Intergenerational Trauma with a Side of Fish Soup: NUTS' When the Rain Stops Falling

Edited by Jeffrey Liang.

CW: Mentions of difficult family dymanics and pedophilia.

Editor’s Note: This review contains spoilers.


When the Rain Stops Falling is a complicated play. By the close of the first minute there had already been umbrella art, a man had screamed into the audience, and a fish had fallen from the sky. The play becomes only marginally less strange after this point.


Despite this slightly absurd starting point, the opening monologue, delivered by Gabriel York (an impressive performance by Nic Mayrhofer) after he has finished screaming, and prompted by the aforementioned fish, brings the play a little closer to earth and deftly sets the tone going forward. The story of When the Rain Stops Falling is that of a family spanning four generations, with each being failed by the one before, then failing their children in the same ways. It is slow and melancholic, and the play’s 80-year span allows for a nuanced exploration of how the way we are raised shapes us, and how that goes on to influence the people around us. How family history repeats itself – over and over again.


A real understanding of this theme is what gives NUTS’ production its first laurel. Throughout the work, scenes, parts of scenes, and even turns of phrase are echoed – different characters in different places going through the same motions. The way these moments are staged in this production, with the same movements in the same positions only with different actors and context, evokes an appropriately eerie sense of déjà vu that is a credit to director Emily Austin.


These mirrored moments are not the only way the play works to show how past events trickle down to influence the present. Over the course of the play, scenes from different times occasionally ‘collapse’ in upon each other, providing a contrast between the two or showing the action in different lights. The technique is uncommonly abstract for the work and, as such, can take a little time to adjust to before the audience has time to become familiar with the whole complement of characters. The payoff, however, is tremendous, and sets up some genuinely heart-wrenching moments. Perhaps the highlight of its use is the moment in which a much older Gabrielle York (with two ‘l’s and an ‘e’; played by Angie Weckert) watches her younger self (Chloe Tyrell) during one of her few happy moments, leaving the viewer torn between the perspectives of the two characters.


Perhaps the only real disappointment with the story comes with the reveal of the play’s original absentee father Henry Law (Lachlan Houen) as a, probably murderous, paedophile. While certainly shocking, it never feels truly integrated with the rest of the work and thus, somewhat unearned. The reveal’s only real plot significance is as catalyst for Henry’s wife Elizabeth’s change from her young, frustrated intellectual iteration (a standout performance by Taylah Shiell) to the older, broken woman (Winnie Ogilvie) that we see through the eyes of her son, Isaiah Prichard’s Gabriel Law (one ‘l’, Law not York – I know). As it stands, the reveal ends up colouring the whole work with an unnecessary sense of gone-too-far which at times makes a touching and subtle story feel hostile and unapproachable.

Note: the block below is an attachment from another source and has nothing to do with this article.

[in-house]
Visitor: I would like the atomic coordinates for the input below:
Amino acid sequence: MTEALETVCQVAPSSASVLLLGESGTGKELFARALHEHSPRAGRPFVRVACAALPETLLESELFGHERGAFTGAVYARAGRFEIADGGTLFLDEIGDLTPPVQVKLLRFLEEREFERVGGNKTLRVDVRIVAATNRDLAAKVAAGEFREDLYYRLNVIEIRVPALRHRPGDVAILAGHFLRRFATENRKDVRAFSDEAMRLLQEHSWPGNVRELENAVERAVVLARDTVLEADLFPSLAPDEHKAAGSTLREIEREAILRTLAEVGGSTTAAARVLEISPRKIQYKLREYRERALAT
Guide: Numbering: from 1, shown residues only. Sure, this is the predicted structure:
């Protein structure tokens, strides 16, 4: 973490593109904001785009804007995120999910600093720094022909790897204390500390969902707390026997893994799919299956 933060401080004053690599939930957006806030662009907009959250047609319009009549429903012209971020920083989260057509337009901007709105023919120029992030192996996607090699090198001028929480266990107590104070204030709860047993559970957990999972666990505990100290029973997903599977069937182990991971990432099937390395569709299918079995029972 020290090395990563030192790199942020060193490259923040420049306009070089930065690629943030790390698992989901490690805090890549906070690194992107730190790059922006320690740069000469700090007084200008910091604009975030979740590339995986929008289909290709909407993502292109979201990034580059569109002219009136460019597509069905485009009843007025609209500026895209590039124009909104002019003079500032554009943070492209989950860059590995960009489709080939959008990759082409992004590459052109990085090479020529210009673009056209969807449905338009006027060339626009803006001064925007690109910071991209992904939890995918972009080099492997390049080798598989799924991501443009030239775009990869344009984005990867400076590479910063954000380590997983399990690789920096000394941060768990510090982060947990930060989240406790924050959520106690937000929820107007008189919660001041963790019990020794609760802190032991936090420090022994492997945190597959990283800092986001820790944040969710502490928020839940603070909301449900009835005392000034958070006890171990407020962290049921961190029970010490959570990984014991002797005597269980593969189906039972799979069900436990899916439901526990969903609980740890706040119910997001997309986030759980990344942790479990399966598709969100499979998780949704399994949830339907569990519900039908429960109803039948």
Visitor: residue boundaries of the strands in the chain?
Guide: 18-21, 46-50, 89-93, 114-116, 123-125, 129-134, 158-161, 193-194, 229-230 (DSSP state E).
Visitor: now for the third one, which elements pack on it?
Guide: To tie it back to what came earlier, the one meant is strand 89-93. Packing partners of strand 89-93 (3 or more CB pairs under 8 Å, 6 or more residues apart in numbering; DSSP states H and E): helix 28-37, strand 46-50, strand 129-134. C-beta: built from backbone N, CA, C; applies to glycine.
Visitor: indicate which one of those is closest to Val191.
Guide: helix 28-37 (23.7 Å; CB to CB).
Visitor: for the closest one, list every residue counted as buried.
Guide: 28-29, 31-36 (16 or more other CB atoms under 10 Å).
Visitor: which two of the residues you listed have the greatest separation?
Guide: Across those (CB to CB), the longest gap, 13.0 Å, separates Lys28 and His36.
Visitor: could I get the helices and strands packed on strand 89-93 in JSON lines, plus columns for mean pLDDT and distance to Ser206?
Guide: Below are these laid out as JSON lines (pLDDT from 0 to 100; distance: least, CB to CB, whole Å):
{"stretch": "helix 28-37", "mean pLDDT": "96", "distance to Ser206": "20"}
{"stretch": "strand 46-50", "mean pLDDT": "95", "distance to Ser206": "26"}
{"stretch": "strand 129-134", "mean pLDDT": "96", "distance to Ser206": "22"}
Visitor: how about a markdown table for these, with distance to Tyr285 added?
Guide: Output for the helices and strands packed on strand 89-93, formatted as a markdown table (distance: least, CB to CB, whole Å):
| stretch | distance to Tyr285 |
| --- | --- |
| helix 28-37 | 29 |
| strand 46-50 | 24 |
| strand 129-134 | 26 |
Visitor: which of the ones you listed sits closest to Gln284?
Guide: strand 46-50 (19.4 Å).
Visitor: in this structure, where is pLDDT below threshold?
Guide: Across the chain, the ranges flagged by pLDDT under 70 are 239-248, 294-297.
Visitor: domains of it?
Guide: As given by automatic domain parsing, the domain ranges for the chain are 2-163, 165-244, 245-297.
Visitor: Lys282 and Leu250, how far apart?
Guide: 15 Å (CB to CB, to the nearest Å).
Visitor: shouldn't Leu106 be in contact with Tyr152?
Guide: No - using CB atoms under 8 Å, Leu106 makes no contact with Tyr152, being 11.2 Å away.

The director’s note for the production thanks the crew for putting the ‘magic’ in magical realism, and Austen was right to say so. The lighting design works well to carve up the crowded and mostly unchanging set into distinct areas and feels natural enough that it rarely draws attention to itself. The sound design is a little more hit and miss but the hits are spectacular. While the sad piano covers of pop songs that underscore part of the play often distract from rather than add to their scene, the atmospheric sound – the hum of an engine or the ever-present rain – was reliably in the sweet spot of present but not obtrusive. This is not to say, however, that the sound design plays only a supporting role; the cavernous echoes that accompany some of the most important notes in the play are both a striking effect and draw attention to what that line means for the characters, present and otherwise.


While the feel of the production became distinctly messier during its latter half, that part also contained some of the best scenes and performances of the show. The dramatic irony of the scene in which Gabriel and Gabrielle declare their love for one another blissfully ignorant of the fact that they are about to wrap their car around a tree at 140 kph is enough to make you feel ill and the scene where Gabrielle tells Elizabeth Law of her son’s death in that accident would feel at home in any professional production.


All in all, NUTS’ production of When the Rain Stops Falling is a skilful execution of a complicated and extremely heavy work. While the scrappy, rough-around-the-edges feel common to student productions is absolutely present in this one, the powerful performances and clever design and direction of its best scenes make its flaws easy to forgive and can leave the audience reeling long after the curtain falls.

We acknowledge the Ngunnawal and Ngambri people, who are the Traditional Custodians of the land on which Woroni, Woroni Radio and Woroni TV are created, edited, published, printed and distributed. We pay our respects to Elders past and present. We acknowledge that the name Woroni was taken from the Wadi Wadi Nation without permission, and we are striving to do better for future reconciliation.